- 5.5. Hiding Programs the Old-Fashioned Way
When it comes to getting windows out of your way, nothing can touch Exposé and
Spaces for speed and entertainment value. Once you've mastered those features, the
traditional rituals of hiding windows will seem charmingly quaint. "When I was your
age," you'll tell your grandchildren, "we used to have to hold down the Option key to hide
But you know the drill at software companies: They addeth, but they never taketh away.
All of the old techniques are still around for the benefit of Mac fans who use them by
force of habit.
5.5.1. Hiding the Program You're Using
For the purposes of this discussion, when a program is hidden, all of its windows, tool
palettes, and button bars disappear. You can bring them back only by bringing the
program to the front again (by clicking its Dock icon again, for example).
If your aim is to hide only the program you're currently using, Mac OS X offers a whole
raft of approaches to the same problem. Many of them involve the Option key, as listed
• Option-click any visible portion of the desktop. The program you were in
vanishes, along with all of its windows.
• Option-click any other program's icon on the Dock.You open that program (or
bring all of its windows to the front) and hide all the windows of the one you were
• Option-click any visible portion of another program's windows.Once again, you
switch programs, hiding the one you were using at the time.
• From the Application menu, choose Hide iPhoto (or whatever the program is). The
Application menu is the boldfaced menu that bears the program's name.
• When you've highlighted a Dock icon by pressing -Tab to rotate through the
running programs, press the letter H key. The program hides itself instantly. Leave
the key down the whole time, and after pressing the H, press Tab again to
move on to the next program. If you release the keys while "stopped" on the
program instead, you'll bring it forward rather than hiding it.
• Press -H. This may be the easiest and most useful trick of all (although it
doesn't work in every program).Doing so hides the program you're in; you then
"fall down" into the next running program.
- Tip: Consider this radical, timesaving proposal: Never quit the programs you use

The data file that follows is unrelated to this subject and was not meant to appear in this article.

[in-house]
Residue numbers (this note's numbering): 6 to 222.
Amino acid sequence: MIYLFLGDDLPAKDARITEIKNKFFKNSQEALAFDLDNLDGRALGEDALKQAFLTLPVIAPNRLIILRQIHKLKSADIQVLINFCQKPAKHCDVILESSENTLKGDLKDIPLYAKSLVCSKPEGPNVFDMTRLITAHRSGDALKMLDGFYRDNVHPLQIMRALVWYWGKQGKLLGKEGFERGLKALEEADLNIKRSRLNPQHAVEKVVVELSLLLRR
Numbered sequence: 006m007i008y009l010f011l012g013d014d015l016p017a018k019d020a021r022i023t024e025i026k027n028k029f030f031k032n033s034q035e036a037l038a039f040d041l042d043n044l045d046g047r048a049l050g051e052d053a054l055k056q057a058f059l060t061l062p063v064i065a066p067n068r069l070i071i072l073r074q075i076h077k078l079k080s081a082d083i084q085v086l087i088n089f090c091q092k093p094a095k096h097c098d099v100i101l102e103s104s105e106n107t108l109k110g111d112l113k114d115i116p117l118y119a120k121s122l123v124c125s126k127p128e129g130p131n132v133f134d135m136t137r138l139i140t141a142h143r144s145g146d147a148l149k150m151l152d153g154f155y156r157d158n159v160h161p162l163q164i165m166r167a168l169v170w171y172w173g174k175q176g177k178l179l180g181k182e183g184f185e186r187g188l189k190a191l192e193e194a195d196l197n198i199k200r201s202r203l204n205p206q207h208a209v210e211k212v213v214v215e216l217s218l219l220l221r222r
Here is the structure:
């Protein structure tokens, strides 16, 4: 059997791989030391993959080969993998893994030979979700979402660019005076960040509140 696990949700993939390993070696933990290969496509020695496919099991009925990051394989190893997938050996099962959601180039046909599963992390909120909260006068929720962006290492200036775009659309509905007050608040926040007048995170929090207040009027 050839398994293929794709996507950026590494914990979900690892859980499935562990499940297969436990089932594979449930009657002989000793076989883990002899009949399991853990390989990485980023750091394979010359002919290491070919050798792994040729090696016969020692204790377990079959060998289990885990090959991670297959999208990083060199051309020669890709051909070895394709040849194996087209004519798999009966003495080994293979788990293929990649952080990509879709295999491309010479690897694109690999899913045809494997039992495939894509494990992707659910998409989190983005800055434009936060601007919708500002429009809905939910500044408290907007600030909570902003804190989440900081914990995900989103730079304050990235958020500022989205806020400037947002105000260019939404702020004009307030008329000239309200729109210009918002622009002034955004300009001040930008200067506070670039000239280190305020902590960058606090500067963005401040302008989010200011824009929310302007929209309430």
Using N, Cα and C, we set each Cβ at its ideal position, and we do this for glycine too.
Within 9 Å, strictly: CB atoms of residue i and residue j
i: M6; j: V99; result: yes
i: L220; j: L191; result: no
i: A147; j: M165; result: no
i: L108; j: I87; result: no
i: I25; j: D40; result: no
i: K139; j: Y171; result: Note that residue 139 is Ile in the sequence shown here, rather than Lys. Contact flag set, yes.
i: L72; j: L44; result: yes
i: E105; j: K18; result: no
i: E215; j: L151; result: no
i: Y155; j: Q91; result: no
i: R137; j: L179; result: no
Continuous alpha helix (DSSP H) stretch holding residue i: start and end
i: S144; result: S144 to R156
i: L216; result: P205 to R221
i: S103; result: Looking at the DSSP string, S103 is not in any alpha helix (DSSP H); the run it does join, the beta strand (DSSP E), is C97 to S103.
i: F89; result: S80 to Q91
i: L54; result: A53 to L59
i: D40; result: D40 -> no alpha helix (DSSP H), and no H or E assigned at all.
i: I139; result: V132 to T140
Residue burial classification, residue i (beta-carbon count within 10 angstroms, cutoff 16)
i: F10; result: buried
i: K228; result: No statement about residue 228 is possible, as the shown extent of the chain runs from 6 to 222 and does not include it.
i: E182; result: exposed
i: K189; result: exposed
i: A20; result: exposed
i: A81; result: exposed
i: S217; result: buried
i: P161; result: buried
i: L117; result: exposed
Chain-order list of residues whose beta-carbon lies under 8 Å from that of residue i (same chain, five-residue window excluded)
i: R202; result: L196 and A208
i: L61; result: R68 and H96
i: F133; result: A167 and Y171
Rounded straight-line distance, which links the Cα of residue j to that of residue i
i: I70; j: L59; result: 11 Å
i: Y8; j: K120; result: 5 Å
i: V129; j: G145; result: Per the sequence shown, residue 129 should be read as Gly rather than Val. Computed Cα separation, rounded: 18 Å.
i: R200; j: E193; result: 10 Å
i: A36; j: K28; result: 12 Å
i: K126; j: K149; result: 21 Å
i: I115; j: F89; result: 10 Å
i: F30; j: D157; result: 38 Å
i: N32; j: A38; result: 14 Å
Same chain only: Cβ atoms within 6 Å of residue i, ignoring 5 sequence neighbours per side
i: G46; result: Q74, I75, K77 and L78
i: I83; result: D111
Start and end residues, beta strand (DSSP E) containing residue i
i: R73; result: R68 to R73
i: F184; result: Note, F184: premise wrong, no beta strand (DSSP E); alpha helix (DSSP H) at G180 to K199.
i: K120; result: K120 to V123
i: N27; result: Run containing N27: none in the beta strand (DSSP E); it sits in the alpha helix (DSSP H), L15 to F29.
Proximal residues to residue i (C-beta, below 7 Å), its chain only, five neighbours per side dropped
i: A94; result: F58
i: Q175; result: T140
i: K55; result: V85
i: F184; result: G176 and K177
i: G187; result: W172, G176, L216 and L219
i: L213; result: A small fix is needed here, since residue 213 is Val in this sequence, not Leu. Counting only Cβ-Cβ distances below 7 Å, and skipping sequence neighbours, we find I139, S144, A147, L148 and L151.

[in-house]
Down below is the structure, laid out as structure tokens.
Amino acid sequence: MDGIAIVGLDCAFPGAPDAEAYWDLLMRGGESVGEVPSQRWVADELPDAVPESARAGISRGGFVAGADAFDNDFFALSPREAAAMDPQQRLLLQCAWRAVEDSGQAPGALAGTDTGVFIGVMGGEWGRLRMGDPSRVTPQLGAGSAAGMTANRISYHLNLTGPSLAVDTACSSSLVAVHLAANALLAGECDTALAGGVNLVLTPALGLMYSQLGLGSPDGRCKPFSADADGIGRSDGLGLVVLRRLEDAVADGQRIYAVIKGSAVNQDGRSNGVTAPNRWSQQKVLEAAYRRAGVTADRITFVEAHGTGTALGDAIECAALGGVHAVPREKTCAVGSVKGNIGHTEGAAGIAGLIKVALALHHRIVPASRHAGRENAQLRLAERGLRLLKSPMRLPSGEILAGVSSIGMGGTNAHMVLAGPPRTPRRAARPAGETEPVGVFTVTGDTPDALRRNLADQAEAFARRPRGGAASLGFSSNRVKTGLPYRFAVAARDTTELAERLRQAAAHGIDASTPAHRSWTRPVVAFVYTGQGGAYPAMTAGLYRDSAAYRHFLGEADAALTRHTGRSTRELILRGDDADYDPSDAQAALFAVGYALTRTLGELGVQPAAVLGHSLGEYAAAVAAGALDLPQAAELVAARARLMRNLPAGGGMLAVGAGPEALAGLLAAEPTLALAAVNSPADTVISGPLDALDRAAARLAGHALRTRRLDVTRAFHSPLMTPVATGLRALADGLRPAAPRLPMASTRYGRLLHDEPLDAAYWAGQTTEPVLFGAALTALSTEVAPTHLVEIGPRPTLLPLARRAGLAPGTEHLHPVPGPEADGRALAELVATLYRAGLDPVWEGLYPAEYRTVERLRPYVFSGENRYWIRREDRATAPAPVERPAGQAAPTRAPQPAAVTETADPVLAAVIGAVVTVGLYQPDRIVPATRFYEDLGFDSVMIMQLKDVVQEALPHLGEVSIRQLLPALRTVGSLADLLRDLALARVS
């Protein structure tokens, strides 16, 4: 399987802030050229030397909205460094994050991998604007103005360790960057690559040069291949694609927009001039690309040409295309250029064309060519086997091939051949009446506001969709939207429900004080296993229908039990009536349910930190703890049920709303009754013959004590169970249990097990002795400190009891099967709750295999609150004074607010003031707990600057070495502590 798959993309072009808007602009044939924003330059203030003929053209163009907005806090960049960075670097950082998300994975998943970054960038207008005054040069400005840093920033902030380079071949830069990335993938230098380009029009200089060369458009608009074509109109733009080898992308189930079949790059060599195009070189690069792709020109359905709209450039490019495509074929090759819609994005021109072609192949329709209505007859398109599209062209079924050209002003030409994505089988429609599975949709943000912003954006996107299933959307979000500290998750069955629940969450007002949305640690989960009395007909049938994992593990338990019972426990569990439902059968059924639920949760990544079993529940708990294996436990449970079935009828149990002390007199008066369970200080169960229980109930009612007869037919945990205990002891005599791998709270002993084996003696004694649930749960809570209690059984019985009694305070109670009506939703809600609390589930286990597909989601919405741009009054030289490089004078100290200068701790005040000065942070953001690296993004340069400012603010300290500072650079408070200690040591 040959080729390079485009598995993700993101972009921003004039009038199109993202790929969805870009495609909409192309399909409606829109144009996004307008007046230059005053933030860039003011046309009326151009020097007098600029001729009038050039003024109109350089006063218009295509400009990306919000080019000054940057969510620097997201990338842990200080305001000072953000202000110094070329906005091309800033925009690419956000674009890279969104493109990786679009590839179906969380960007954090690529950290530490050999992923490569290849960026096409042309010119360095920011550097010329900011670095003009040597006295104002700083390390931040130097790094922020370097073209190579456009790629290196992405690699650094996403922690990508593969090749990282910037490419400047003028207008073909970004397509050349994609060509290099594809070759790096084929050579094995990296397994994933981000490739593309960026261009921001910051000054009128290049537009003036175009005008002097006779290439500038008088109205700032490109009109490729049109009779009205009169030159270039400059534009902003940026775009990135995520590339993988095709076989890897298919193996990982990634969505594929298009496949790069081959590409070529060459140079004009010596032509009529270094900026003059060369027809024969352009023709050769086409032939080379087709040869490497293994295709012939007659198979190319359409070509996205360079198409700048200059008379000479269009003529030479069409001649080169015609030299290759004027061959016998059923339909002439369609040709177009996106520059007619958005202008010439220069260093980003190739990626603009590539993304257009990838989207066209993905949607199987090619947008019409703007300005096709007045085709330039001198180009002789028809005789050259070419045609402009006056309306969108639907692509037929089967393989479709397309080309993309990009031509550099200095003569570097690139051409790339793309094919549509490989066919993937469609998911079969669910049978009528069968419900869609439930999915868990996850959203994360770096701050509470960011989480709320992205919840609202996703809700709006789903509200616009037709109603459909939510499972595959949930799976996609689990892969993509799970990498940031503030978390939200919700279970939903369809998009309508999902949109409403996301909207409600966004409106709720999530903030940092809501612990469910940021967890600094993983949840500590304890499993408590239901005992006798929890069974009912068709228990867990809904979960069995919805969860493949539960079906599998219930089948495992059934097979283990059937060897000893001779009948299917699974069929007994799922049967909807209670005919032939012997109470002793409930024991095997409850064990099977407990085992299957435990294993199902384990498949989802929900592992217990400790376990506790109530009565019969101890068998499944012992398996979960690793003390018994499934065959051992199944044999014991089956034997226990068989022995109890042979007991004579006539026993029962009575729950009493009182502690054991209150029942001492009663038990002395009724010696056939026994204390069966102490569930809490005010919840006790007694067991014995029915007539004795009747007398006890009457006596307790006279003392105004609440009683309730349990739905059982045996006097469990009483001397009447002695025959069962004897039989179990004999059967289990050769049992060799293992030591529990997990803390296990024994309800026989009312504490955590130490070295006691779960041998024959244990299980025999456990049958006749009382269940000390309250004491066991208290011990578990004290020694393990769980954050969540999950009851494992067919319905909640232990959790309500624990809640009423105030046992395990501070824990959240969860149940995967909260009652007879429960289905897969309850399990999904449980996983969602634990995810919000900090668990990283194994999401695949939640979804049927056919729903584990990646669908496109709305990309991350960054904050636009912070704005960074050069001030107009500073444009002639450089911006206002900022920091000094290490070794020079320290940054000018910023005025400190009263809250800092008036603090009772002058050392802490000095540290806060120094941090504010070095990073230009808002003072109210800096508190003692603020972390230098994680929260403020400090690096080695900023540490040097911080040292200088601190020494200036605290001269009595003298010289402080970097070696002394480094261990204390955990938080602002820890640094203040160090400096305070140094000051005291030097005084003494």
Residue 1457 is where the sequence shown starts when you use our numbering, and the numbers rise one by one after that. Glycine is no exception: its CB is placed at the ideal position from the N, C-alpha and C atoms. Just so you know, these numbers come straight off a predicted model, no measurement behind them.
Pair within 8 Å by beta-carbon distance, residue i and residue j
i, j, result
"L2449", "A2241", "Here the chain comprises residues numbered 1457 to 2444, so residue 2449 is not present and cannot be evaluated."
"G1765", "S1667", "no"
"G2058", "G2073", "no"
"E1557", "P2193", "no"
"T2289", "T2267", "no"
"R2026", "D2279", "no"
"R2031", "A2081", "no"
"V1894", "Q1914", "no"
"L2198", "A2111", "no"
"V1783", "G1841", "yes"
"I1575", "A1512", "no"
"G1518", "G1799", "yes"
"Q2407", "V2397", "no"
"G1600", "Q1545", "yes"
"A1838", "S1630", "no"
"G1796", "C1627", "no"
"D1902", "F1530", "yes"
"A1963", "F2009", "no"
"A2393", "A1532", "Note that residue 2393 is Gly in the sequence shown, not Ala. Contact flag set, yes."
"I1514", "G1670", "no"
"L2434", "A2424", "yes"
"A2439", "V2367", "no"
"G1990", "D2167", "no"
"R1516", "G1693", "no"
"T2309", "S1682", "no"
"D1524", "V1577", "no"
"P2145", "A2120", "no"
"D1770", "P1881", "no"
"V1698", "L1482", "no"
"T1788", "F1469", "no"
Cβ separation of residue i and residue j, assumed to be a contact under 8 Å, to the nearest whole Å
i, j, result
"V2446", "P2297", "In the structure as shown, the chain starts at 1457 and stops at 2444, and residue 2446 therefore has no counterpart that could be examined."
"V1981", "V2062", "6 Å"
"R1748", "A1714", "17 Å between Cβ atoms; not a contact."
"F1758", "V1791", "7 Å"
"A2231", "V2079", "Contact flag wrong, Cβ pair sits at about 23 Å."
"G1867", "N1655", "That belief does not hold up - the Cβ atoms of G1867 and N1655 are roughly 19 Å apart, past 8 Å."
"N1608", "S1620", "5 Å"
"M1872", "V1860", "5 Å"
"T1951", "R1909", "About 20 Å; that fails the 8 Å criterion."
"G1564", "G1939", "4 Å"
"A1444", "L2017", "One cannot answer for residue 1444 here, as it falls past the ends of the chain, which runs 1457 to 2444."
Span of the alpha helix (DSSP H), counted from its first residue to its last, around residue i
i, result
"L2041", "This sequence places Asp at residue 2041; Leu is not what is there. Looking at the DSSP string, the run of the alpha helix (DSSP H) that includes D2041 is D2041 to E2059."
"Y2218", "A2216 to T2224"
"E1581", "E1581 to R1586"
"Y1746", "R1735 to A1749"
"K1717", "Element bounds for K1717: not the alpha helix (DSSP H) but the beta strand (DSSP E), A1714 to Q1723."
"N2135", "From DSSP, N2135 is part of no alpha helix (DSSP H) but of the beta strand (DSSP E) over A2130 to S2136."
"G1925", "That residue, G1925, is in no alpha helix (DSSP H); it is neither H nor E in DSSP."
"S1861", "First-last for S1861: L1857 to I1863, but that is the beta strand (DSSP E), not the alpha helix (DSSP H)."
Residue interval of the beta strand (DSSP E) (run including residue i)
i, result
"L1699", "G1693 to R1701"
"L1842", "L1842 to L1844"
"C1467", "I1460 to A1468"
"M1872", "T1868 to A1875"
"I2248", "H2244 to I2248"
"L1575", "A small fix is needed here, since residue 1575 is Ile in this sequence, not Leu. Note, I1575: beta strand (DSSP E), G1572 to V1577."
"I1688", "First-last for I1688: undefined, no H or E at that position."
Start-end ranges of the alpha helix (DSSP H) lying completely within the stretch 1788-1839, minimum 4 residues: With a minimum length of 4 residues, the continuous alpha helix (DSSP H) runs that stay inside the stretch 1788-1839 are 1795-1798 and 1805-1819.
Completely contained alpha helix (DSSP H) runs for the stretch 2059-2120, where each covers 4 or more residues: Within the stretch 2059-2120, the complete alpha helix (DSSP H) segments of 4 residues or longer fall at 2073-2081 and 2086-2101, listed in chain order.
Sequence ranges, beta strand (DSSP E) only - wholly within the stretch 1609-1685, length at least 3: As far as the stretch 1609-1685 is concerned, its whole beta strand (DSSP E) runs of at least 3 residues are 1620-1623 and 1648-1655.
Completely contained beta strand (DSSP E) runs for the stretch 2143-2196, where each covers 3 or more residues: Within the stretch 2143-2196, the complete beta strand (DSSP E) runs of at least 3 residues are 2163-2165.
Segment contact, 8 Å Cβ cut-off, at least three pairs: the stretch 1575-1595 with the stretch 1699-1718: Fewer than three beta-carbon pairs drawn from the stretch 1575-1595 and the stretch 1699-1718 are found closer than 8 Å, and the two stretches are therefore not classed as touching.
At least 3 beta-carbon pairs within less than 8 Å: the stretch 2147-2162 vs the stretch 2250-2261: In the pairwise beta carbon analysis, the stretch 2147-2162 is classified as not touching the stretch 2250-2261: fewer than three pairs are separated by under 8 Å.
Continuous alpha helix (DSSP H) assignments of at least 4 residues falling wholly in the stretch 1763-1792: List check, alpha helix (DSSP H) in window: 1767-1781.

frequently. Instead, simply hit -H whenever you're finished working in a program.
That way, the next time you need it, the program launches with zero wait time.There's a
limit to this principle; if you have only 512 megabytes of memory and you keep 10
programs open, for example, and one of them is Photoshop, you'll incur a speed penalty.
In more moderate situations, though, Mac OS X's virtual-memory scheme is so good that
there's almost no downside to leaving your programs open all the time.
To un-hide a program and its windows, click its Dock icon again, choose the Show All
command in the Application menu, or press -Tab to summon the heads-up
Tip: The Dock continues to display the icons of all running programs without any
indication that you've hidden them. Fortunately, that's easy enough to fix. All you need is
the shareware program TinkerTool, which is described on Section 17.1. It offers a simple
checkbox that makes hidden programs appear with transparent Dock icons.
5.5.2. Hiding All Other Programs
Choosing Hide Others from your program's Application menu means, of course, "Hide
the windows of every program but this one."It even hides your Finder (desktop)
windows, although desktop icons remain visible.
Better yet, there's a keystroke for this command: Option- -H. That's one small step for
keystrokes, one giant leap for productivity geeks.
If this trick interests you, you might also enjoy its Mac OS X–only corollary, described
5.5.3. The Bring-Forward, Hide-All-Others Trick
Here's a terrific technique that lets you bring one program to the front (along with all of
its open windows), and hide all other windows of all other open programs—all with one
You might think of it as Hero mode, or Front-and-Center mode, or Clear My Calendar
- In any case, the trick is to Option- -click the lucky program's icon on the Dock. As it
jumps to the fore, all other windows on your Mac are instantly hidden. (You can bring
them back, of course, by clicking the appropriate Dock icons.)
5.5.4. Hiding (Minimizing) Individual Windows
In Mac OS X, there's more to managing your window clutter than simply hiding entire
programs. You can also hide or show individual windows of a single program. In fact,
Apple must believe that hiding a window will become one of your favorite activities,
because it offers at least four ways to do so:
• Choose Window Minimize Window, if your program offers such a command,
or press -M.
• Click the Minimize button on the window's title bar, as shown in Figure 5-10.
• Double-click the window's title bar.
Tip: If you press the Option key as you perform the latter two techniques (and, in some
programs, even the first one), you minimize all of your program's open windows to the
Dock. (If you had several document windows open, they turn in to side-by-side document
icons in the Dock.) This isn't the same thing as hiding the entire program, as described
previously—you remain in the same program, but now all of its windows are
hidden.Similarly, in most programs, Option-clicking any one of the minimized Dock
windows restores all of that program's windows to full prominence.
Figure 5-10. When you click the center button on a window title bar, double-click
the title bar, or press -M, you minimize that window, getting it out of your way
and off your screen. Minimizing on the Mac is a lot like minimizing in Windows; the
minimized window is now represented by an icon on your Dock, which you can click
to reopen the window.
In any case, the affected window shrinks down until it becomes a new icon in the right
side of the Dock. Click that icon to bring the window back.